– aswine
    Commented Feb 25, 2021 at 16:34
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    I decided to add a downvote (to low rep for it to affect the current score) based on this (fsis.usda.gov/wps/wcm/connect/…): ‘Are Some Molds Dangerous? Yes, some molds cause allergic reactions and respiratory problems. And a few molds, in the right conditions, produce “mycotoxins,” poisonous substances that can make you sick.’ (My emphasis.) It doesn’t get more official than the United States Department of Agriculture Food Safety and Inspection Service.
    – Canned Man
    Commented Feb 25, 2021 at 18:02

Yes indeed - just remove the offending tomato and check the rest of the tomatoes for any sign of rot or mold. If you find any others with mold on them, remove them as well.


You throw away anything that has come into contact with mould. Why are you willing to risk your health over a 1.50$ packet of tomatoes? You cannot judge microbacterial growth by color or smell, you toss it as a matter of principle. Mould varies a tremendous amount. You do indeed get penicillin strains in some foods and then you also black mould that can kill you, you don't know which is which. I would not risk it


This is a topic that already has a lot of input from Quora: When one tomato gets moldy in the package, is it still safe to rinse off and eat the remaining tomatoes? Most of the 21 answers there says the rest of the tomatoes will be okay to eat, and I agree.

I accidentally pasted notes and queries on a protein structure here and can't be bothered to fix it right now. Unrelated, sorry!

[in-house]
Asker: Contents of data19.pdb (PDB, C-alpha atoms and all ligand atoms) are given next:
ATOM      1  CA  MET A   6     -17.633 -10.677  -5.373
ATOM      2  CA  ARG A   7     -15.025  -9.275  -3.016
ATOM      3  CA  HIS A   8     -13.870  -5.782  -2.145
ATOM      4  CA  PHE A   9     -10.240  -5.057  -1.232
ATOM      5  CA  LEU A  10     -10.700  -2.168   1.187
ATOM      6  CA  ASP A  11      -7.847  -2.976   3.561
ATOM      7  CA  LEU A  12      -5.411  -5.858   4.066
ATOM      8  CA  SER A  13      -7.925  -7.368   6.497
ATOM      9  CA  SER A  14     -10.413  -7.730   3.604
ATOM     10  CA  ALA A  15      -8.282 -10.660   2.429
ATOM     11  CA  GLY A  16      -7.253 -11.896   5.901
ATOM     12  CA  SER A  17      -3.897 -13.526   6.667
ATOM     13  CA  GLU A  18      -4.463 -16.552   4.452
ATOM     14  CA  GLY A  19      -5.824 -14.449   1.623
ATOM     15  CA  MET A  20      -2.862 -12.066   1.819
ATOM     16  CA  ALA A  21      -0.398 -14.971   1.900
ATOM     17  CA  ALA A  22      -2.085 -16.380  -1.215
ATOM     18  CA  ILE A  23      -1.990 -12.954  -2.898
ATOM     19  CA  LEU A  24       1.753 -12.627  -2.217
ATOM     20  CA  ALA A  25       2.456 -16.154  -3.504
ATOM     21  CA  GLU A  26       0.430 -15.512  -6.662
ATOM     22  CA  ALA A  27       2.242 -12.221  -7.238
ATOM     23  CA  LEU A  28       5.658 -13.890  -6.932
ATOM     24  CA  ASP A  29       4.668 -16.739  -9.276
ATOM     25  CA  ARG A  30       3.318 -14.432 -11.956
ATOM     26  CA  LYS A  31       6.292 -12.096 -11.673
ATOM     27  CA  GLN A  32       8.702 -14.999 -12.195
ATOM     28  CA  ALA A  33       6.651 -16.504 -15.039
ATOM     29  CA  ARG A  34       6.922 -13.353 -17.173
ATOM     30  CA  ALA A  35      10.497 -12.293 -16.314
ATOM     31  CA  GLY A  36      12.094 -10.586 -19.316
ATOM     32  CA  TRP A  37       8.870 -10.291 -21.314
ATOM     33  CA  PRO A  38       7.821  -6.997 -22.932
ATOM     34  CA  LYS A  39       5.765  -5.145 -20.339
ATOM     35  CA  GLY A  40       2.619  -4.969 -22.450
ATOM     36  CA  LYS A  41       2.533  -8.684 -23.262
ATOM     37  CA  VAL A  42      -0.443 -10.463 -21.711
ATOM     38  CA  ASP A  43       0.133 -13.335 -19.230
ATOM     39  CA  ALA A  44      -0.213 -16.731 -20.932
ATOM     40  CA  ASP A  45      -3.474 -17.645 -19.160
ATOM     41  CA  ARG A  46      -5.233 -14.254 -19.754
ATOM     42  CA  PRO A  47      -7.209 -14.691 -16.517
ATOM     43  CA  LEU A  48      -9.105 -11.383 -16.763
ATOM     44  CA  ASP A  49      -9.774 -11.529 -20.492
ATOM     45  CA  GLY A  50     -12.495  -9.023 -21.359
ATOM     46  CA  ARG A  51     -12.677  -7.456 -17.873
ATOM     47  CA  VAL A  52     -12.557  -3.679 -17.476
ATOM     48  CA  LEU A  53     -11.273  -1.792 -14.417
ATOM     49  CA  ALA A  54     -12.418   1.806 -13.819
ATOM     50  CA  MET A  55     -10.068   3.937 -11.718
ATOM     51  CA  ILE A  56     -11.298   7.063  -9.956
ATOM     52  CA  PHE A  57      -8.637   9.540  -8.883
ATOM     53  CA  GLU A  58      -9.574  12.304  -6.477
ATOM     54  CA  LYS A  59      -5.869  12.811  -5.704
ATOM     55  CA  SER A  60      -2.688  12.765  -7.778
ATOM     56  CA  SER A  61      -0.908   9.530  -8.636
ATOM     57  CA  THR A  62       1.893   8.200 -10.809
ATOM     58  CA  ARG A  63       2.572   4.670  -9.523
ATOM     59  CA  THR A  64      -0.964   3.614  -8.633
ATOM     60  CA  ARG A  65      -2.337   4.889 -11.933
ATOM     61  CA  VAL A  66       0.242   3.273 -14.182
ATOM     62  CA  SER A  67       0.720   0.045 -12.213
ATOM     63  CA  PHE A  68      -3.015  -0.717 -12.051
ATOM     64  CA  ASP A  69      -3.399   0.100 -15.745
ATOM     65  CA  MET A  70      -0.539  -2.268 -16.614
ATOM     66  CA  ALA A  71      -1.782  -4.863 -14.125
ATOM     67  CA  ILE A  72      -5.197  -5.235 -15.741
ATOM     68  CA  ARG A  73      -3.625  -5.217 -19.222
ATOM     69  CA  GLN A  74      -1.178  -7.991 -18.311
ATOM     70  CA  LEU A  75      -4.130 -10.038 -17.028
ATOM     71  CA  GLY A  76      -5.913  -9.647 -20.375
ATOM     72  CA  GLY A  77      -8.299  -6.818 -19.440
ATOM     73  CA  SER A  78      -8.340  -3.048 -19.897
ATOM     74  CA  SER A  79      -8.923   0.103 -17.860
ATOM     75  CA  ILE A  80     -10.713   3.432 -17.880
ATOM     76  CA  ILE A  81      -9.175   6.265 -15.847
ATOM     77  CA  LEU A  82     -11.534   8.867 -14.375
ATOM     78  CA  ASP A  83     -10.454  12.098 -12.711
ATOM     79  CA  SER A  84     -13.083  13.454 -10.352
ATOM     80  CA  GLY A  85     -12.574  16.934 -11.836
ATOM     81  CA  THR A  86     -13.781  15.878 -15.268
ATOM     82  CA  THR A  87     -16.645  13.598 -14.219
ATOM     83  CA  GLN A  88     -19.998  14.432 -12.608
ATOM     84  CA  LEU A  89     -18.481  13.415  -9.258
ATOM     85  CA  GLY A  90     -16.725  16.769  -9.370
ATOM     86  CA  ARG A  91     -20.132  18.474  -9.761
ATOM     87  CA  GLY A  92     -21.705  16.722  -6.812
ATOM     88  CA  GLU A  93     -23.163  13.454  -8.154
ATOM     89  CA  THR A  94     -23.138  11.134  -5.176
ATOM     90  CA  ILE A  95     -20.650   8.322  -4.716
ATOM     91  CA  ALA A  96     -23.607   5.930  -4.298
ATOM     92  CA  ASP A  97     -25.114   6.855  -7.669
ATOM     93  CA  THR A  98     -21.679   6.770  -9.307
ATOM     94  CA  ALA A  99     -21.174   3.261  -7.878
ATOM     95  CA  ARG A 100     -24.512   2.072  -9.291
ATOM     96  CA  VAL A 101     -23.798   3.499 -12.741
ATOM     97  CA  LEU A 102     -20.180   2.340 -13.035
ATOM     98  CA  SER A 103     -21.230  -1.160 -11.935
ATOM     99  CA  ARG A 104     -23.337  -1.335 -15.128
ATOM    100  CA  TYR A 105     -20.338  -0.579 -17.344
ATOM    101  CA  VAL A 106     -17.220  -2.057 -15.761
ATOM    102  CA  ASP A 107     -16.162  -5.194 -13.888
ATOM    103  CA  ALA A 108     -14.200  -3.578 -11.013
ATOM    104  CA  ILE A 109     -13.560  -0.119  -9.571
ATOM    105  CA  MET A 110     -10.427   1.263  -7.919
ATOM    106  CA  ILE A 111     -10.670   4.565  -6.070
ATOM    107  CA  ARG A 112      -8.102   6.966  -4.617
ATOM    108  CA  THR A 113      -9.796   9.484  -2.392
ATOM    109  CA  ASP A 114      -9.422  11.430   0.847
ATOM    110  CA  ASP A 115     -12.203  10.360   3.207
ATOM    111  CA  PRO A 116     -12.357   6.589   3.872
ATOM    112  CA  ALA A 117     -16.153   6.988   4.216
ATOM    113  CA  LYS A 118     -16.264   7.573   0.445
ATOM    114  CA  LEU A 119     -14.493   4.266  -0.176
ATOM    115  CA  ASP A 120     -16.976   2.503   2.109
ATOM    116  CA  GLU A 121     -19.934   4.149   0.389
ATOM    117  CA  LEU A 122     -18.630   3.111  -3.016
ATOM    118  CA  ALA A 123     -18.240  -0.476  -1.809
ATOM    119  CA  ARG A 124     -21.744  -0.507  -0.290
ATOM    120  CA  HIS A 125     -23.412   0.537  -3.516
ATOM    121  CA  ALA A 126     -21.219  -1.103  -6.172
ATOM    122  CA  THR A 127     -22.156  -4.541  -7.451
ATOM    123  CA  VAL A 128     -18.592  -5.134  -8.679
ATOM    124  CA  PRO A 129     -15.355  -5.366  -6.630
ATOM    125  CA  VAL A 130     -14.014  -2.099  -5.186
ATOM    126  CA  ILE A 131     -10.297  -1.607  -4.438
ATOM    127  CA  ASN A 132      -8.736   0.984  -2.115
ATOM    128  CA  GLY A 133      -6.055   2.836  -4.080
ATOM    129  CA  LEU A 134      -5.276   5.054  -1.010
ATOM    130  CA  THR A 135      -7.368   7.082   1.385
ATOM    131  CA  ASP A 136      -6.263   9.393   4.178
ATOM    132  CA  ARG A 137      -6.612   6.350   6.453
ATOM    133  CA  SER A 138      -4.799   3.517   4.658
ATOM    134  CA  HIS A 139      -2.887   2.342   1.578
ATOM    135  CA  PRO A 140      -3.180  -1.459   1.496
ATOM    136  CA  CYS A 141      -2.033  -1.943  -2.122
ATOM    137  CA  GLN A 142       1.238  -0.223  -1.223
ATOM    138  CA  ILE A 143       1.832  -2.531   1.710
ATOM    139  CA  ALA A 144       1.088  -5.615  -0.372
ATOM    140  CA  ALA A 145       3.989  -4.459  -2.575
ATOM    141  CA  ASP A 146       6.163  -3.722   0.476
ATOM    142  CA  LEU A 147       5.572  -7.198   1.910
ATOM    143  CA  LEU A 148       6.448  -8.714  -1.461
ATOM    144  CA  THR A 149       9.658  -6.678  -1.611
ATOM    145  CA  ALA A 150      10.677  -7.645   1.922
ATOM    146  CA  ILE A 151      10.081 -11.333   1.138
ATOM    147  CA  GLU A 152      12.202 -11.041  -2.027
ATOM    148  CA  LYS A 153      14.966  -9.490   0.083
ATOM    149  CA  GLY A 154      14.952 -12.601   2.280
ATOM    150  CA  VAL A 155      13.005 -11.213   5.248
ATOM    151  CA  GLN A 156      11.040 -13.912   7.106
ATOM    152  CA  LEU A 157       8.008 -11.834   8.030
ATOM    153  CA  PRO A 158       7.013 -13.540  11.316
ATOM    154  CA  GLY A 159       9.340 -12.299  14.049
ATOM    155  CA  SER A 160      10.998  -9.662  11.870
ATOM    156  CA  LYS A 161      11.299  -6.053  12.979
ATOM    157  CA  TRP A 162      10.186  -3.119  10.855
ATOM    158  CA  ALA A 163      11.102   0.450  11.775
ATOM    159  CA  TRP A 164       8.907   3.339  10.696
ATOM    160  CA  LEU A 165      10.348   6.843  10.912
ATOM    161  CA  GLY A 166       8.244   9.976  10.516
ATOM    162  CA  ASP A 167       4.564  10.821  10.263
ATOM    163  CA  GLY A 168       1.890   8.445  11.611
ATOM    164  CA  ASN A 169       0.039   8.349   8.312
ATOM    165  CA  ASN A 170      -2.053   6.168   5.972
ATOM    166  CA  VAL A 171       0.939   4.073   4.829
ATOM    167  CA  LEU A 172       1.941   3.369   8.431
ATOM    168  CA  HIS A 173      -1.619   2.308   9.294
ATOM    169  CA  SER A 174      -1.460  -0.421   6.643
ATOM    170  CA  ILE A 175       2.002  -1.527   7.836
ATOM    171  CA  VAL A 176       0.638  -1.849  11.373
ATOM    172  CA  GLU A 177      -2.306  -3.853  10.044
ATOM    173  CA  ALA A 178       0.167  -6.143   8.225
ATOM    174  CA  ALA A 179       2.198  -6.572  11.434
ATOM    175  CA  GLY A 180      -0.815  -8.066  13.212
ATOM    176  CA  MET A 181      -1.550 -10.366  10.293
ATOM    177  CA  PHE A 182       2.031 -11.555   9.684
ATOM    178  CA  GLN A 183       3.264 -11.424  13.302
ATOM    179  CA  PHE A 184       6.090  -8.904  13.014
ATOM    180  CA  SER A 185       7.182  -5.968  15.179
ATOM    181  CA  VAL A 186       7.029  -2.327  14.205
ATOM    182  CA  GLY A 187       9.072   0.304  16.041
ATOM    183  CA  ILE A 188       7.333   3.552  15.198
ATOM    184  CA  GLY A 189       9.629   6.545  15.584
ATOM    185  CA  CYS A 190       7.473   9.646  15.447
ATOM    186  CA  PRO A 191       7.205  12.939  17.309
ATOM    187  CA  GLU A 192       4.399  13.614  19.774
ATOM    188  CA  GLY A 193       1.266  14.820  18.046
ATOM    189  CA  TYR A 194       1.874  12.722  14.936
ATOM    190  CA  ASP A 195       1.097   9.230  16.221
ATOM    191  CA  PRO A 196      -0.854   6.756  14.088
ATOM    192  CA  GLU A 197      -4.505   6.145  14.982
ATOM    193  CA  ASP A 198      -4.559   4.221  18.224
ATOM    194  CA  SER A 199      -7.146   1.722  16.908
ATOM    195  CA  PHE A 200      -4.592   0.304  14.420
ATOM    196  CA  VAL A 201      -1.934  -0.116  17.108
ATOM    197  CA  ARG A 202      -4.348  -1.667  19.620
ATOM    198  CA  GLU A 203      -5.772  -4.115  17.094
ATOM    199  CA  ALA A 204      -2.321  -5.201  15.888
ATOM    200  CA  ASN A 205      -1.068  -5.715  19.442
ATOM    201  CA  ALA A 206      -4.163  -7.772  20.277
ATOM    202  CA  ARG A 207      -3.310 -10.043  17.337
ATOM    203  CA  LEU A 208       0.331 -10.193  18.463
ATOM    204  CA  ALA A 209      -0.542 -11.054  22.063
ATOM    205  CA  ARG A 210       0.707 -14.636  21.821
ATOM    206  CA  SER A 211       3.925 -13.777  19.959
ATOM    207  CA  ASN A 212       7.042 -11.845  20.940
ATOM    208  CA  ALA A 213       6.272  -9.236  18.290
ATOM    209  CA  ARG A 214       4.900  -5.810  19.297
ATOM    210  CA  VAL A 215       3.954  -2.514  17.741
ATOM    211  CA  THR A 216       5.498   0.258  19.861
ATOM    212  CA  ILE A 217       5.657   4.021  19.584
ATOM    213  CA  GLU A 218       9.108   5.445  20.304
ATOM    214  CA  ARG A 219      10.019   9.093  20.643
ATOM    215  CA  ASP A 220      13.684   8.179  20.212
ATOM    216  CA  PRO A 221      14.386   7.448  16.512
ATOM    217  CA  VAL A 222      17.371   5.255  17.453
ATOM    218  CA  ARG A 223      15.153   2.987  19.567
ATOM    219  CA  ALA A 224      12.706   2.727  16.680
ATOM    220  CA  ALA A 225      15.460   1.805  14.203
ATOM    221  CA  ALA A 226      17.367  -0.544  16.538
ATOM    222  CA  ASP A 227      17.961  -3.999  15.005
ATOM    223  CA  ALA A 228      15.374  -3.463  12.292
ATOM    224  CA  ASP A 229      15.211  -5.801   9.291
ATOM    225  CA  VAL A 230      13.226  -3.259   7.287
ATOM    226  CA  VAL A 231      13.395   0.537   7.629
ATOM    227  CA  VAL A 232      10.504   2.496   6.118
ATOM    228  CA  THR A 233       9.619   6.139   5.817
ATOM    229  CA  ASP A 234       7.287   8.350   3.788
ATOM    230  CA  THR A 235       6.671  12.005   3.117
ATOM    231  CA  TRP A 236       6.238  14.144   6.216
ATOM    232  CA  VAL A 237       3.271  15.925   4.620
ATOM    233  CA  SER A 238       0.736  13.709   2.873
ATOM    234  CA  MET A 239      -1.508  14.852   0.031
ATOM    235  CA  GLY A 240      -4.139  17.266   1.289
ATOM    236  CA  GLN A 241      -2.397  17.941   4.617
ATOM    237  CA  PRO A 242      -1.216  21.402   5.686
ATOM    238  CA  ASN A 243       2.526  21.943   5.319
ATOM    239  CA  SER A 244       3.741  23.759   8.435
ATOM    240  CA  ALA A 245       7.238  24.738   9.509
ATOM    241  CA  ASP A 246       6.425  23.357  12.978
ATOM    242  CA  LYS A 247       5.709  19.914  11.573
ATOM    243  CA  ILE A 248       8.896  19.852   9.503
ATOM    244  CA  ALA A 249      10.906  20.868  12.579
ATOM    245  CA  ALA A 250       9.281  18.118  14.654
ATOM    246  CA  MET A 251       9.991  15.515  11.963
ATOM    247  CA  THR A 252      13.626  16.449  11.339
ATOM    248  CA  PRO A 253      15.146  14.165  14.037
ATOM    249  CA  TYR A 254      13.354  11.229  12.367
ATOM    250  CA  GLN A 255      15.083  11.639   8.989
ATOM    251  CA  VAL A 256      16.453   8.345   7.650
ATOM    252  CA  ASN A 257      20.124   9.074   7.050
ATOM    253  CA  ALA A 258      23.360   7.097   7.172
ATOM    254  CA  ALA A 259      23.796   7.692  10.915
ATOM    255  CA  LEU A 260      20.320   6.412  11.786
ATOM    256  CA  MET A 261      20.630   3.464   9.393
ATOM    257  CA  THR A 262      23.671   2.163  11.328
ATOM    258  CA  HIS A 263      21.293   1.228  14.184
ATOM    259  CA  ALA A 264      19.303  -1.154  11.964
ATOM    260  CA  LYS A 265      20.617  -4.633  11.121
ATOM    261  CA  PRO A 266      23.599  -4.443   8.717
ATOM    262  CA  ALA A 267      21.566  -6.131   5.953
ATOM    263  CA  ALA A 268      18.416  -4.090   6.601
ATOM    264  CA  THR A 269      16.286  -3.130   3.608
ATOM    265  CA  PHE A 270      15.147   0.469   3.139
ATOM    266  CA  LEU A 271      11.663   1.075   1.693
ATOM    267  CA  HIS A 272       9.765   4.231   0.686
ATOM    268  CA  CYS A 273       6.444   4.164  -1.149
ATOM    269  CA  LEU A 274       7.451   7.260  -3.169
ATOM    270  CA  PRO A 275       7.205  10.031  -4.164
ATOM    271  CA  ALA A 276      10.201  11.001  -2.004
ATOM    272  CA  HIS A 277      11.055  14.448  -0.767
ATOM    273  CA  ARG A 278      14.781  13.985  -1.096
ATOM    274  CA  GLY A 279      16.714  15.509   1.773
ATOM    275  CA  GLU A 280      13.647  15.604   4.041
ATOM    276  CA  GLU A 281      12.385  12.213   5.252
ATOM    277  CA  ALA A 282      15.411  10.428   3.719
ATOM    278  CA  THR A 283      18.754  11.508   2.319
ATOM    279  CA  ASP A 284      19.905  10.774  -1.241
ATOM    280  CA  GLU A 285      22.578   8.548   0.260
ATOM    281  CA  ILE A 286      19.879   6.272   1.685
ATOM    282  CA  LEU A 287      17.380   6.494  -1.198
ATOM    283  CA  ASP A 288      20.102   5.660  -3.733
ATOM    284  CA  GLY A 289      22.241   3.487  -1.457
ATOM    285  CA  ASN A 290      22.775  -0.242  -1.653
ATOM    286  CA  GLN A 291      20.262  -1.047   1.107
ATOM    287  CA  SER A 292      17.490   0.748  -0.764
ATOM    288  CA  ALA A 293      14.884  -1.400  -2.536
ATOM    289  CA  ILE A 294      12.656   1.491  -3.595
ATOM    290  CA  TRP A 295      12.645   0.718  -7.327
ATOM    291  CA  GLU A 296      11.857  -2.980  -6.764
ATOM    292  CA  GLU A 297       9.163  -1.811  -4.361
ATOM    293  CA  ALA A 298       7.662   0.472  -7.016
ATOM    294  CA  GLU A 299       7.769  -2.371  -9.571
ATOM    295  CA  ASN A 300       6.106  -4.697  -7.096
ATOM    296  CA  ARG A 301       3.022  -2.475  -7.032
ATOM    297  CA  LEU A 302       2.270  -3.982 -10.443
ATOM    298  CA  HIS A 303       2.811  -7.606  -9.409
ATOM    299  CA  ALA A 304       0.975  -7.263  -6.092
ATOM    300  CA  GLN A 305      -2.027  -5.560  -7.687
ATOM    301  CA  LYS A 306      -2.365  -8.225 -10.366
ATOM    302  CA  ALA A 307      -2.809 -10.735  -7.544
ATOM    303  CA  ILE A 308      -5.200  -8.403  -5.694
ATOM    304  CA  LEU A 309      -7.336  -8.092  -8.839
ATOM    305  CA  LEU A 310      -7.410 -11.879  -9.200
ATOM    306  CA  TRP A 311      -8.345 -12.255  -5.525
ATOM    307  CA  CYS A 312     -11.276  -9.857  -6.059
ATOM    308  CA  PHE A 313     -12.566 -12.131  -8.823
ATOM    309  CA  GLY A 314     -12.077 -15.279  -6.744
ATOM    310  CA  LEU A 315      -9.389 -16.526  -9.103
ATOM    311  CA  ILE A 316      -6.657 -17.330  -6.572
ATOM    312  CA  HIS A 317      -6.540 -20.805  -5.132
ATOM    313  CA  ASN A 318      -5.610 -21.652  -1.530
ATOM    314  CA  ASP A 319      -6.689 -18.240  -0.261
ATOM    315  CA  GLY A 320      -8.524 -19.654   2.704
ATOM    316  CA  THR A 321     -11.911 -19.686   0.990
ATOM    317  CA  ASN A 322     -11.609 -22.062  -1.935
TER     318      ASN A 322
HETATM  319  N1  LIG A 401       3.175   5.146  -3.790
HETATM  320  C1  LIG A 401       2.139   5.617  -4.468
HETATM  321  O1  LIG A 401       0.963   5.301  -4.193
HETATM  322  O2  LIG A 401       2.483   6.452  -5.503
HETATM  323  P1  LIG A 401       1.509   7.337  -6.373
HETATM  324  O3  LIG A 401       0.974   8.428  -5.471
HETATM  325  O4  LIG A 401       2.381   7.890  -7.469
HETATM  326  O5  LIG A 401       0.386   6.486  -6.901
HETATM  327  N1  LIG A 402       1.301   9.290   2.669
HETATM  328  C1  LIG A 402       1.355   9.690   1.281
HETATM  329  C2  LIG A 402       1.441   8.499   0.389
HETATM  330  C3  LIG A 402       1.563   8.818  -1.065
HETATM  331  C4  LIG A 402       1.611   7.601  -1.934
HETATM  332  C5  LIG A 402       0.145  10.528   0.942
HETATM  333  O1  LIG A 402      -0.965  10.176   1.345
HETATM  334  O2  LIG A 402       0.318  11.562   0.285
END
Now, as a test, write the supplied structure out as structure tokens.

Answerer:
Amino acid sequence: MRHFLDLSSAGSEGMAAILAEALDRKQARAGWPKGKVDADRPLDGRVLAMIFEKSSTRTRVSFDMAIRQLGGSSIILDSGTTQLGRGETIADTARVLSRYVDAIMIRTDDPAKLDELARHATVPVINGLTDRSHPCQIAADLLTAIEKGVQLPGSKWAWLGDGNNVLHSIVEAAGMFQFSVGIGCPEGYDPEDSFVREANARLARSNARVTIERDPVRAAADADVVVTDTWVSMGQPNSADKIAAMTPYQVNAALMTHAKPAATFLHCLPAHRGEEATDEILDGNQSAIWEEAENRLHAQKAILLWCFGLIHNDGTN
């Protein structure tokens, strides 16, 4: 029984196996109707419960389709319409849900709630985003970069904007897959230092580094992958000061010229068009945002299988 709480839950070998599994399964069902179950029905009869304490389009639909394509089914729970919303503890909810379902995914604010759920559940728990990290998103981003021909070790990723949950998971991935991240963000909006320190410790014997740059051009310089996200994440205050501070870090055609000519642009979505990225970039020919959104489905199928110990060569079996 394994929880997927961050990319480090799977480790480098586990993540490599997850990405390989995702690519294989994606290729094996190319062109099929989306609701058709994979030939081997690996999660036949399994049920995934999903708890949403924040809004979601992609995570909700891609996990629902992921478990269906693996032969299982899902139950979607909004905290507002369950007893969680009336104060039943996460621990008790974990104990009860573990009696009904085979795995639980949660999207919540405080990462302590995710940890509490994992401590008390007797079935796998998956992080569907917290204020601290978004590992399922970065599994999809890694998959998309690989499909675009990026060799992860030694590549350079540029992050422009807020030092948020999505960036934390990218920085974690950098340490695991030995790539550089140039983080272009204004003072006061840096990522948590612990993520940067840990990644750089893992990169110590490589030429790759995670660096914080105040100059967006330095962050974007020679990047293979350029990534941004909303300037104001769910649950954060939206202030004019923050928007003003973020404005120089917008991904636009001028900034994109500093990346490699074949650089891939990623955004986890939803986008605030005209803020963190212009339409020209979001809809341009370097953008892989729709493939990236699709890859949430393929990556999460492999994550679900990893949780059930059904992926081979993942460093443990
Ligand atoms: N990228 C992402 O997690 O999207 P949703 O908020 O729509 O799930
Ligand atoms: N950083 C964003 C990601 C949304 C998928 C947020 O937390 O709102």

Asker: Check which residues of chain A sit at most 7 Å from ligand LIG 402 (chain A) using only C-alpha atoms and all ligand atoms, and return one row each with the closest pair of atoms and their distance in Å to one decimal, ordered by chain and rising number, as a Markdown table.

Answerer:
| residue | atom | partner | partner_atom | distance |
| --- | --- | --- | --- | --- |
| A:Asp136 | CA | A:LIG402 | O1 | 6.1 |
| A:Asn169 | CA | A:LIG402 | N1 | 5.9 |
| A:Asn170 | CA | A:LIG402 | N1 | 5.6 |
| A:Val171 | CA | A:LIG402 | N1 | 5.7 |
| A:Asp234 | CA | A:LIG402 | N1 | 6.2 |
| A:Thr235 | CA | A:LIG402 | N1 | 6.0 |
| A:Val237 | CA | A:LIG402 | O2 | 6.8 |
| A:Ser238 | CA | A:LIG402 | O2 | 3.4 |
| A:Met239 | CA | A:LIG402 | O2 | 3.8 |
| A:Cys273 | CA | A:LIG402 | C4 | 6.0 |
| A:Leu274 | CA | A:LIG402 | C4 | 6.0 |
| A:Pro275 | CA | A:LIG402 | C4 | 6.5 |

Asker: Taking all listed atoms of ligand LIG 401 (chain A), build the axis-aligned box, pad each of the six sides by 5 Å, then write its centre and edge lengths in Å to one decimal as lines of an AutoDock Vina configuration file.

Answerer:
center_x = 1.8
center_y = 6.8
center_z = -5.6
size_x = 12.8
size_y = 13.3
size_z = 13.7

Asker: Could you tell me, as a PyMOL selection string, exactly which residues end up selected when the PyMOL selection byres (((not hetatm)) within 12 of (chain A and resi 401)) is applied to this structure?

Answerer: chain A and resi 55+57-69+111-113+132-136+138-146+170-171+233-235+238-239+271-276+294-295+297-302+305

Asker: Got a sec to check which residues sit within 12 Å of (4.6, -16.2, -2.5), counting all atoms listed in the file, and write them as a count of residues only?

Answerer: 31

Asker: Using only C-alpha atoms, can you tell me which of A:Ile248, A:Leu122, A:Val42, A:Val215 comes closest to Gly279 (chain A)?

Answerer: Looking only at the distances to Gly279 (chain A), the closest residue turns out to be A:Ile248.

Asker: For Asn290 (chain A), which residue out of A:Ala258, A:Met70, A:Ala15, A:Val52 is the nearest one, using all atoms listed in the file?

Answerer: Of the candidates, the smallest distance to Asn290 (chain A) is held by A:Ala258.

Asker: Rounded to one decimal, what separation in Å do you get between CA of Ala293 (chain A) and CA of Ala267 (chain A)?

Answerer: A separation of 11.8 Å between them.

Also, as one answer puts it: "I see no problem what so ever, with a small amount of mold than can be trimmed. However, I go by smell. If there is an off odor. Toss it." But of course, since yours is a cherry tomato, I doubt you will be able to trim the mold off; just throw that moldy one out, and don't forget to thoroughly rinse the rest of the cherry tomatoes out.

  • 3
    Strongly disagree with your second paragraph. The visible mold is NOT the main problem; the mold inside the fruit is.
    – Joe M
    Commented Feb 24, 2021 at 15:46
  • @JoeM The second paragraph dign't say anything about disregarding mold on the inside... Commented Feb 24, 2021 at 16:20
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    I see no problem what so ever, with a small amount of mold than can be trimmed. You cannot just "trim the mold" (implied: the visible mold) in a tomato, because the mold will be, invisibly, throughout the tomato once it is inside it at all. Even a large tomato would need to be entirely thrown out, as the entire thing is contaminated. It is like an iceberg (the majority of it is underneath) - except an iceberg is visible under the water, while the mycelium is not even then. Note the USDA instructions in the (current) top answer.
    – Joe M
    Commented Feb 24, 2021 at 16:21
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    Because in a soft-fleshed fruit/veggie, there are no good parts. I'm glad you've not gotten sick, but the "trim one inch" is only applicable to hard fruits [and hard cheeses]; soft fruits/veggies, like tomatoes, are assumed to be entirely infested, and even if only part of it did have mycelium in it, the mycotoxins would easily spread in the liquid interior.
    – Joe M
    Commented Feb 24, 2021 at 17:15
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    @AnastasiaZendaya Health effects are not always immediate and obvious. Some fungi produce mycotoxins that can e.g. affect kidney function or lead to cancer in the long run.
    – Dubu
    Commented Feb 25, 2021 at 9:55